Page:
The Art of American Dance examines dance-inspired paintings, prints, sculptures, and photographs from the 1830s to the recent past—from dance in Native American cultures to ballroom dancing, the Jitterbug, swing, modern dance, burlesque, classical ballet, and more. It features some 90 artworks by iconic artists such as John Singer Sargent, Mary Cassatt, Robert Henri, William Merritt Chase, Nick Cave, and Faith Ringgold.
The exhibition was organized by Detroit Institute of Arts, where it was on view March through June, 2016 it then was on view at The Denver Art Museum from July through October, 2016. Crystal Bridges Museum of American Art is the exhibition’s final venue.
At Crystal Bridges, the exhibition is divided into two main sections. The first section features depictions of everyday people engaged in social dances. As artists explore community dance, issues of class, race, tradition, belief, sexuality, and gender are revealed. The second half of the exhibition focuses on professional dancers on stage. As dance became more recognized as performance art, visual artists, dancers, choreographers, designers, and musicians collaborated to create interdisciplinary performances.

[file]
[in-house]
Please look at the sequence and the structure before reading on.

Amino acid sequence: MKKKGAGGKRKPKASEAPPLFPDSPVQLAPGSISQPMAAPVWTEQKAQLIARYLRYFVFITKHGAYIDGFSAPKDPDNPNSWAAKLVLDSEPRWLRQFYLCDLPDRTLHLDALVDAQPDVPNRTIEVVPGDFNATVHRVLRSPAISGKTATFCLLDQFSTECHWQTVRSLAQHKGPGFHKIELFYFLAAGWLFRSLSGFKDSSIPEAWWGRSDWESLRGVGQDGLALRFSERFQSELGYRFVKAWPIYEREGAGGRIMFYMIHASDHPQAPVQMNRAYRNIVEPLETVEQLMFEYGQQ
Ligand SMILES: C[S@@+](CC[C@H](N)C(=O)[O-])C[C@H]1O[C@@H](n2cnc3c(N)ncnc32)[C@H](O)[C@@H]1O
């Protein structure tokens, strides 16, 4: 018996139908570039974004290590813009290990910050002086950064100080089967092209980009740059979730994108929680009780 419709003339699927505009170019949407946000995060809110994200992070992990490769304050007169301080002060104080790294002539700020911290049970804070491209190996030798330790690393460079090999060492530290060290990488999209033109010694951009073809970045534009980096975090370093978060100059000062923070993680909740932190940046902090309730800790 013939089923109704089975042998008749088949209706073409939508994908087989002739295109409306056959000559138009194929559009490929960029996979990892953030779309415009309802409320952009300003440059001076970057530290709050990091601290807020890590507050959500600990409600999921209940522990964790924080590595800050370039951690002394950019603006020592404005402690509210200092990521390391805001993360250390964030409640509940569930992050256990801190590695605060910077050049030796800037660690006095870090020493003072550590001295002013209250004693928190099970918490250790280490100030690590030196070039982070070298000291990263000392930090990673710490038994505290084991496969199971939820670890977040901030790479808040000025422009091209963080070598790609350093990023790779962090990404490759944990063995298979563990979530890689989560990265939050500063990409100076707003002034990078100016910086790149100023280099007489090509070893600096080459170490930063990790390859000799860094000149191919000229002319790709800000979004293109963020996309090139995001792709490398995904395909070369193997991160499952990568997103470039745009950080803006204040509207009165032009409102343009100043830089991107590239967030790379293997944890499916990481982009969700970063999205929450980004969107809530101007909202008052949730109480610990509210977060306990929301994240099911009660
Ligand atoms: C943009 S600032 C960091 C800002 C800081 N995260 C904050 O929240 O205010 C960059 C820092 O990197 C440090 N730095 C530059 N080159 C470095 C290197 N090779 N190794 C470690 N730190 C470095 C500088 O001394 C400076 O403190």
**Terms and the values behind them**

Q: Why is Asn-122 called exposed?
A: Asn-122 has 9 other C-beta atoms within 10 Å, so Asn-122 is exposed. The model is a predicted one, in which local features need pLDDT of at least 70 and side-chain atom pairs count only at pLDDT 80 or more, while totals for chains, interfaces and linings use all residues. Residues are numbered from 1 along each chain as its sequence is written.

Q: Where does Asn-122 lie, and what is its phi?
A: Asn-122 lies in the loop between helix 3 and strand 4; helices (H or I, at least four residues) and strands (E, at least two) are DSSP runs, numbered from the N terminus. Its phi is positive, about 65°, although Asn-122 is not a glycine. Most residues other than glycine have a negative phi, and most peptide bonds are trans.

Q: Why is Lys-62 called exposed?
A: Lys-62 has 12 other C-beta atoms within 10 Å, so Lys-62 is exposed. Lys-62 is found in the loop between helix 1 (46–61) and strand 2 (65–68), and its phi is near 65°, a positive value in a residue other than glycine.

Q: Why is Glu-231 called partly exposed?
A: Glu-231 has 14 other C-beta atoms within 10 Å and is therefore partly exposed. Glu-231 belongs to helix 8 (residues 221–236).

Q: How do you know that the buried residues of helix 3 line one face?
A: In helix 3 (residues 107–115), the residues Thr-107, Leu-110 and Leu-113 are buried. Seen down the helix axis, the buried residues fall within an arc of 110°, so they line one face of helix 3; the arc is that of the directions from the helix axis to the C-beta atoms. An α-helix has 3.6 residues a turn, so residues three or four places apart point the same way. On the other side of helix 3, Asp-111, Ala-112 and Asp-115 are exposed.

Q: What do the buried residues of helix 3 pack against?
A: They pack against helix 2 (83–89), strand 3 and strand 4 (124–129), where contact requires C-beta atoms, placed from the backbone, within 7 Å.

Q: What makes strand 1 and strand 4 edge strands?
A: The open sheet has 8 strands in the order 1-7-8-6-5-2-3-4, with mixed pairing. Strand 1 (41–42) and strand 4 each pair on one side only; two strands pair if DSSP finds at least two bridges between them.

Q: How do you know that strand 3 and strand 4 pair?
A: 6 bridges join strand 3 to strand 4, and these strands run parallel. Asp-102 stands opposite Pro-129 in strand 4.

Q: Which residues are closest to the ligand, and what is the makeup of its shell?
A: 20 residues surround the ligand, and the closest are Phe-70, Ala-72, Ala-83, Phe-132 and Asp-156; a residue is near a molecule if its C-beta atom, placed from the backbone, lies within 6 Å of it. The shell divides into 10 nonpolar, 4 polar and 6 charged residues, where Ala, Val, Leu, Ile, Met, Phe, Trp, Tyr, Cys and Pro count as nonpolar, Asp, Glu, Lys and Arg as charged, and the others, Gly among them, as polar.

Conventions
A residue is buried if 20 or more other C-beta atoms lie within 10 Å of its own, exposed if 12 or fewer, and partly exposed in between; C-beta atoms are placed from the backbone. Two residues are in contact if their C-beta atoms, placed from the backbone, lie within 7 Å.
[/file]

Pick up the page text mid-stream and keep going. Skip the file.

The artworks follow the theme of dance through diverse segments of American history and society; among them are Native American traditional dance paintings from the turn of the 20th century featuring international dance celebrities; works by Harlem Renaissance artists who challenged negative stereotypes and sought to create and sustain a vibrant cultural identity; and modern objects such as costumes or photographs that demonstrate the influence visual artists, dancers and choreographers had on one another.
Alongside works in the gallery, the exhibition brings programs and interactives that help connect the viewer to the rich history of dance and art through contemporary dancers, choreographers, and historians. For example, seven videos throughout the exhibition feature dancers discussing and demonstrating American dance traditions such as the Osage Nation dances, performed by Director of Student Engagement, Inclusion and Multicultural Programs at Oklahoma City University, Russ Tallchief. The video helps reveals the important role dance plays in religious ritual and affirms the significance of these customs today.